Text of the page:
If you’re thinking more about having an experience, and an ownable experience, [Amtrak] is not just transactional, it’s more emotive. There is a different customer mindset. When you think about it from a total package, we’re very reasonable.

And from an environmental perspective, we’re a pretty green mode of transportation.

Skift: It seems like the routes that people choose to travel would be based on their location. For example, New Yorkers ride the Northeast Regional service because it goes to Boston and D.C. How do you market to an audience whose interest in a particular service is predetermined by their location?

John Lee: It’s a fascinating story that we’re going to build on that’s going to be part of our ad programing moving forward. If you think about it, a lot of the routes that you go on are in parts of the country you wouldn’t see otherwise. If you go from Chicago to California [on the Southwest Chief], you’re about as far away from a highway as you can go and you get to see some of the most beautiful scenery. If you take [California Zephyr] you go through the Rockies and see some of the most amazing parts of the country.

We need to let people know that passenger rail service in American is pretty amazing. There’s a fabulous route from Chicago through Memphis down to New Orleans. There are jazz and blues festivals tied to that train. A lot of my friends in New York don’t even know that it exists. It’s about growing awareness in the hearts of travelers.

The fastest growing segment of travel in the world today is adventure travel. It started in Europe ten to twelve years ago, then went over to Asia and Asia Pacific, and now it’s catching on in the U.S.

It’s not so much about where you went on vacation. It’s about what you did and the places and things you got to see along the way. It’s about discovery and adventure. Amtrak is the perfect mode of transportation for adventure travelers. We have to hook our brand to that type of travel, it’s the perfect way to get more people on trains in the long run.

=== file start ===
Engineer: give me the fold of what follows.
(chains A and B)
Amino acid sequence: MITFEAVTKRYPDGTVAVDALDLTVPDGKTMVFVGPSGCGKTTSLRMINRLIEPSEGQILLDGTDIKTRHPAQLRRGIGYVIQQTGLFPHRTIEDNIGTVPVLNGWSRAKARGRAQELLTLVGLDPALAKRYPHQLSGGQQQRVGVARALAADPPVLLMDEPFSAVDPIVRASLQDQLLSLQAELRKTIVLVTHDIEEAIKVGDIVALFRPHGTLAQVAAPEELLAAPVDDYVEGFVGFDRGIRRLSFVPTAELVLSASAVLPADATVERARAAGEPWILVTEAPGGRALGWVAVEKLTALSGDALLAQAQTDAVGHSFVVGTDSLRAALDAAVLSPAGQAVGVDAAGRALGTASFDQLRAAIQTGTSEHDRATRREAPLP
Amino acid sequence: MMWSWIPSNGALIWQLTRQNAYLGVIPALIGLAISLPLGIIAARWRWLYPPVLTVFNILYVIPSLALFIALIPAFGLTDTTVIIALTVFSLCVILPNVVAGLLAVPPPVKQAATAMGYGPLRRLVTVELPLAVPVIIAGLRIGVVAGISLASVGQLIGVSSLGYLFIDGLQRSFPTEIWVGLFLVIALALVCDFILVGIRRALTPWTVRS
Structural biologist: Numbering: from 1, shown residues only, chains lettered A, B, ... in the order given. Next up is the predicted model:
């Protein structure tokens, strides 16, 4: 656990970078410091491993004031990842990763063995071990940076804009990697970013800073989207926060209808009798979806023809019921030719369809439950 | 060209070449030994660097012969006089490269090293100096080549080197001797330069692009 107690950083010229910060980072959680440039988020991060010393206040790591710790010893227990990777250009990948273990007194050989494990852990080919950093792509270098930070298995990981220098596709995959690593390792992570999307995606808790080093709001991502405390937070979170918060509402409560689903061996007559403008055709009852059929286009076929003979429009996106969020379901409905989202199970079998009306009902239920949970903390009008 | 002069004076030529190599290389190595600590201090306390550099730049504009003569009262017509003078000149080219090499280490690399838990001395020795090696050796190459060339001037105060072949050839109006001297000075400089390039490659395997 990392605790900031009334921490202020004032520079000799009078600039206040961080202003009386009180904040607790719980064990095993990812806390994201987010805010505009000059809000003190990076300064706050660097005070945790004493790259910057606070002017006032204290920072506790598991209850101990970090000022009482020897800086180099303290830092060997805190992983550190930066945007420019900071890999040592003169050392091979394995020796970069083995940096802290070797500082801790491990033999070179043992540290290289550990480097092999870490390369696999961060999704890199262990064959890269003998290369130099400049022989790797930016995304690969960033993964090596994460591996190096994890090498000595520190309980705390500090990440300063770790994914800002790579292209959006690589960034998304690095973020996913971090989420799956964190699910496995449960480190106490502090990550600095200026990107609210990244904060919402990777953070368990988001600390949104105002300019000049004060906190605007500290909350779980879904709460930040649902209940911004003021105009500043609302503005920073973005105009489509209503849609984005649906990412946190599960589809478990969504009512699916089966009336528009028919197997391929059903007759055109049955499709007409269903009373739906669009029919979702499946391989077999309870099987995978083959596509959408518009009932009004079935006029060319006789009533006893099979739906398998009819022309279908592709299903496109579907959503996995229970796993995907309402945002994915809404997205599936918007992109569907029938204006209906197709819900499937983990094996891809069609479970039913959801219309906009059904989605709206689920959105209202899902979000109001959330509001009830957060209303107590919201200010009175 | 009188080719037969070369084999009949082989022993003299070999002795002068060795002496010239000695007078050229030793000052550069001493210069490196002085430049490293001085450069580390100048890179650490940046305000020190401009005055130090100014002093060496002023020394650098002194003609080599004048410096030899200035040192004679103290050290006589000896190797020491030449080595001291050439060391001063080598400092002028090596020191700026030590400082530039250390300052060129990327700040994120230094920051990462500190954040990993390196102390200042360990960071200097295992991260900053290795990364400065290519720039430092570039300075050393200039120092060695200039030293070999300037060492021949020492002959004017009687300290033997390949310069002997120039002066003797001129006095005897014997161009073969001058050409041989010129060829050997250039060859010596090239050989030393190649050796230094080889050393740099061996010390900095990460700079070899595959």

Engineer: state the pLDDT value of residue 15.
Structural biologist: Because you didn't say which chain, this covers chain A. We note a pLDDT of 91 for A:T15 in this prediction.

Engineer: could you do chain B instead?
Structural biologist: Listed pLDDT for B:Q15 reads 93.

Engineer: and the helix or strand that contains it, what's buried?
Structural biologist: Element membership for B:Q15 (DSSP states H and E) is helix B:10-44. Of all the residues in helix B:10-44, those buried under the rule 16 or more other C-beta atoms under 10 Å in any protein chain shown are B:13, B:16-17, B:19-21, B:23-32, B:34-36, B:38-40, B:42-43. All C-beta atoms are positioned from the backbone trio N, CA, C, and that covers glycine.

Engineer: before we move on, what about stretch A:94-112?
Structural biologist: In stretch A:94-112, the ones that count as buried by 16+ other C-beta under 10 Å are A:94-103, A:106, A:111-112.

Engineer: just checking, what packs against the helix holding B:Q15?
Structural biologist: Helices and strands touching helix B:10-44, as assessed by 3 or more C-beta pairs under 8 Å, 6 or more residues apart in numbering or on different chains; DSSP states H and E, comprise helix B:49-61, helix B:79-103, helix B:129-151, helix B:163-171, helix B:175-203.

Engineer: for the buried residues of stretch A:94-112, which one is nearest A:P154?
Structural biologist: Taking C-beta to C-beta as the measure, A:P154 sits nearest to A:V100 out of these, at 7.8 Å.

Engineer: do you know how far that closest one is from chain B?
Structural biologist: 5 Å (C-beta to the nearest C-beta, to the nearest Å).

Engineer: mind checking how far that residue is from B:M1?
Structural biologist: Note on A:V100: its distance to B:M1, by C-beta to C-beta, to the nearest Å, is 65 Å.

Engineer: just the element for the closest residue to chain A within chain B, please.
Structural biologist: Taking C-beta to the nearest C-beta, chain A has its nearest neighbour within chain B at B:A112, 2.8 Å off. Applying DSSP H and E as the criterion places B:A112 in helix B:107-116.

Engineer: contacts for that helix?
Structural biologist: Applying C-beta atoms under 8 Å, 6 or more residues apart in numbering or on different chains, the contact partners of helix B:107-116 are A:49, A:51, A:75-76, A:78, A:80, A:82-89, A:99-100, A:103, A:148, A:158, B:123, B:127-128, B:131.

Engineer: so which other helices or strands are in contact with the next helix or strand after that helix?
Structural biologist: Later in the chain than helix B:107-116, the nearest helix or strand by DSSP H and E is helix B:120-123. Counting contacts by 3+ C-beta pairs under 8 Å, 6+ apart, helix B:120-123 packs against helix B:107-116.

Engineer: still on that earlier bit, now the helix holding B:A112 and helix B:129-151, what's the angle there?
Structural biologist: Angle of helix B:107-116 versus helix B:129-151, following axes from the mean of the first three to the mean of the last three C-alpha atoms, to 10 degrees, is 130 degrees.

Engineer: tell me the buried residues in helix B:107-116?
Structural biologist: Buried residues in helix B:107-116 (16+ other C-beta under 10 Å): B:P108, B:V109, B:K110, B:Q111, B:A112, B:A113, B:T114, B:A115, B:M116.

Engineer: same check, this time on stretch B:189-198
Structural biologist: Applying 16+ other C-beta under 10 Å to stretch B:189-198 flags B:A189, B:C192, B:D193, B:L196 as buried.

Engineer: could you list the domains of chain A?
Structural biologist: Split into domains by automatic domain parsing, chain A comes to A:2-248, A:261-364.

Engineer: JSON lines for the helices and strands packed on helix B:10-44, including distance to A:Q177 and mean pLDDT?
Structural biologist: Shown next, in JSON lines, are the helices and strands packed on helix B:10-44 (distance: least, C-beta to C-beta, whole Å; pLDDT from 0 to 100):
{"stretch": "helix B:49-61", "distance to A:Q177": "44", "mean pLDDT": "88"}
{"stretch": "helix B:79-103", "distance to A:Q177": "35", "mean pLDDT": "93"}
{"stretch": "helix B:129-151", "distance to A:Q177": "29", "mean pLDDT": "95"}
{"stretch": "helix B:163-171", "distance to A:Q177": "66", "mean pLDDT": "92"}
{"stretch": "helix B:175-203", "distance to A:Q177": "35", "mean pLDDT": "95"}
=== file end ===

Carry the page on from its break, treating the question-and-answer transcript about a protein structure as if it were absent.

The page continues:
Skift: Are you focusing on a younger digital customer set moving forward? How do you do that?

John Lee: There was internal talk when this [AmtrakLive] was being conceptualized. We were going to put 30 writers that are all wired and connected and techies on a train, but there are parts along the routes from Los Angeles to Austin where coverage is spotty. What do we do if there is no Wi-Fi?

But we want to get this message out about experience. The idea is ‘Why don’t you close that laptop and look out the window and relax?’ If you’re on a plane, your seat has to be upright, your tray table has to be upright. On the train, riders can play a guitar or shoot photos out the window.

There are opportunities to be social, in the real sense of the word. We don’t want them to feel like they have to be connected at all times.


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Tags: amtrak, branding, interviews, marketing, skiftq&a

Photo credit: This Amtrak P40 822 engine, originally built by General Electric in 1993, was selected as one of 15 P40 locomotives to be upgraded and returned to service as part of the American Recovery and Reinvestment Act of 2009. John Pastor / Flickr